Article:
“Stillwater” is the kind of movie we haven’t seen in a while. This is a serious, large-scale American film from a leading director, featuring a career performance by a big star. If you feel like the movies you’ve seen are missing something, well, they’re missing what “Stillwater” has – importance. It sounds like a major movie, because it is.
Right from the start, we know we’re in good directorial hands with Tom McCarthy (“Spotlight”). Foregrounds show Matt Damon digging through the rubble of a neighborhood destroyed by a tornado. He’s a worker on a work crew and he takes a look at the people whose homes have been destroyed. His expression is more or less empty, and yet these few seconds speak volumes.
They say he’s a hard working guy. They say he keeps a tight rein on his emotions. It is said that he feels and recognizes human suffering, perhaps from personal experience. Moments later, we see him at home, and know that he lives alone and that he doesn’t have much money.
Like the best movie actors, Matt Damon always seems to be himself, but the ego he looks like has a lot of bearing. Here playing Bill – a redneck from Stillwater, Oklahoma – Damon sort of suggests a whole belief system, a whole way of looking at the world. Little of this inner life is ever spoken of, but it is present in his pauses, in the way he looks at people, in the way his eyes convey thought. Damon is on his way to an amazing performance in minutes, and that’s before anything happens.
Then things start to happen. He boarded a plane and landed at Marseille Provence airport. Is this guy a francophile? Not exactly. In a situation not unlike the Amanda Knox affair, Bill is the father of a young woman convicted of killing her roommate. Upon arrival, Allison (Abigail Breslin) has been in jail for four years and needs her father to try to persuade the French government to reopen the case.
The screenplay, by McCarthy, Thomas Bidegain and Marcus Hinchey, does something unusual. For the first part of the film, the story is on the right track to explain how Bill – although he does not know French and stands out as a foreigner – takes it upon himself to prove his daughter’s innocence. But then it seems to change gears completely, to become the story of Bill’s relationship with a struggling French actress (Camille Cottin from Netflix’s “Call My Agent”) and her daughter.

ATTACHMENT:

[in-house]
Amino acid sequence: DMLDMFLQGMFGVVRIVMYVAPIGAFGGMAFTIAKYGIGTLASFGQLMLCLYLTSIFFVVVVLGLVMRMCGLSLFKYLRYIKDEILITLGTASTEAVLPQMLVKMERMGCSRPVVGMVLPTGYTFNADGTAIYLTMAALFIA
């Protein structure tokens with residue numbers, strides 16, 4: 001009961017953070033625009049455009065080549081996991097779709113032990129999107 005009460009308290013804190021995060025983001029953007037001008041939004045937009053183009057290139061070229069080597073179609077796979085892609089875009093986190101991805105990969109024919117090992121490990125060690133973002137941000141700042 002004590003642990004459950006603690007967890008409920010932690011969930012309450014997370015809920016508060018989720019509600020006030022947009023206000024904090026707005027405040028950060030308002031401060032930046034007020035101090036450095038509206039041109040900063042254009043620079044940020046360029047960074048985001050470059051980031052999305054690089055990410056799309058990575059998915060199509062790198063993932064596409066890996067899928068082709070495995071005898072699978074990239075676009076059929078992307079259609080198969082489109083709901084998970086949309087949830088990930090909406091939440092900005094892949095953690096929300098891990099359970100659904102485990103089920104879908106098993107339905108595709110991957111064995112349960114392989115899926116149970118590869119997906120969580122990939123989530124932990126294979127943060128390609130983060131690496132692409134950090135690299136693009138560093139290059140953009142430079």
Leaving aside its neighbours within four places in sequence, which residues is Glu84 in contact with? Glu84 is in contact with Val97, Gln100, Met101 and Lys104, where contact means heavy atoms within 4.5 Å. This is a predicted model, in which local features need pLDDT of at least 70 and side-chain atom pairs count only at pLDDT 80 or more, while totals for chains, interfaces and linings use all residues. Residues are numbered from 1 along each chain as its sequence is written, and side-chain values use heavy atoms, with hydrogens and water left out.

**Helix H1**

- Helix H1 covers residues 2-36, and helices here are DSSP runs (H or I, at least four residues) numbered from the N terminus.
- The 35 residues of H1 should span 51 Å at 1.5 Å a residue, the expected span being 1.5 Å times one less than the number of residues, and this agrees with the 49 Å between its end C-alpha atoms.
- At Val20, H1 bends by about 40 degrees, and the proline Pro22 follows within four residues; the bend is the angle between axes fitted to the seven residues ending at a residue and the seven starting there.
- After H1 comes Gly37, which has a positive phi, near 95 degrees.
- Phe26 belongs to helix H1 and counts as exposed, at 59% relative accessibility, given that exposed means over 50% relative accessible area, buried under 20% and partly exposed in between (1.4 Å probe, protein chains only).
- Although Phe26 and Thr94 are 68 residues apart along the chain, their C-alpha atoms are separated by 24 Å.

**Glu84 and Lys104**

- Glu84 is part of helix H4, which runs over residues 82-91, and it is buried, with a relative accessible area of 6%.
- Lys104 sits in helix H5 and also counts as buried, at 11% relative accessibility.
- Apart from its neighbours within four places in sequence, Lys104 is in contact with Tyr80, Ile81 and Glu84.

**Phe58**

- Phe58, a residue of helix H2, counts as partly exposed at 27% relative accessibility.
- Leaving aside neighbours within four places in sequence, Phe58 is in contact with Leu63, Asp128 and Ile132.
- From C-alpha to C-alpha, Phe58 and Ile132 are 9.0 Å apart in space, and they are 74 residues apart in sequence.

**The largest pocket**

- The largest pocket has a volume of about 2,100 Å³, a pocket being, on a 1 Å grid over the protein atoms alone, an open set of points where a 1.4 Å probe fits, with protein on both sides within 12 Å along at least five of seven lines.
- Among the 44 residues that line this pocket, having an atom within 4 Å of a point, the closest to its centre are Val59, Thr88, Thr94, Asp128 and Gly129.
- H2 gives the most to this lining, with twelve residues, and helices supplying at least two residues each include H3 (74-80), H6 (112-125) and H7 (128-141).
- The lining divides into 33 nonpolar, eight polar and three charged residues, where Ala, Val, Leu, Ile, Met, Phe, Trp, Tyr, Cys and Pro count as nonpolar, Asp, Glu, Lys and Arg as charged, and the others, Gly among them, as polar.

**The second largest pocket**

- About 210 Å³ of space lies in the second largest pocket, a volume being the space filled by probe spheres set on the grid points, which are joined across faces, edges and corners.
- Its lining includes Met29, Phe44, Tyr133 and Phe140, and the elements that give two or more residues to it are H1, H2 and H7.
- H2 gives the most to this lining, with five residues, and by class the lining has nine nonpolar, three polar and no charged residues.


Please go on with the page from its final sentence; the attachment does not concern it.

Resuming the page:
It’s not at all surprising that the writers end up bringing the two threads of the story together. But what’s impressive is the time McCarthy takes to do it and his confidence – well-placed, ultimately – that audiences are so captivated by Bill and his life that they’re happy to follow him wherever they go. it goes, and wherever history takes it. It’s as if the French location has an influence on the film itself, with its European emphasis on human interaction and the rhythms of real life.
Given the chance to really act, the actors respond. Damon is still good, but his performance here is so comprehensive, so restrained and so specific that it has to be considered the best thing he has ever done. Camille Cottin – a rising star of French cinema – seems incapable of having a moment of lying, and Lilou Siavaud, who plays his daughter, is charming throughout, but especially in front of Damon. And who would have thought, at the time of “Little Miss Sunshine”, that Abigail Breslin would remain such a raw and preserved talent?
The result is an ideal fusion of a holistic Hollywood-style narrative with the detailed, lived-in emotional truth of a first-rate European effort. The public will leave with the feeling of having really been somewhere, of having been moved by the people they met and enlarged by the experience. You can’t ask for more from a movie.
NOT“Still water”: Drama. With Matt Damon, Camille Cottin and Abigail Breslin. Directed by Tom McCarthy. (A. 140 minutes.) Starts Friday, July 30 in theaters across the Bay Area.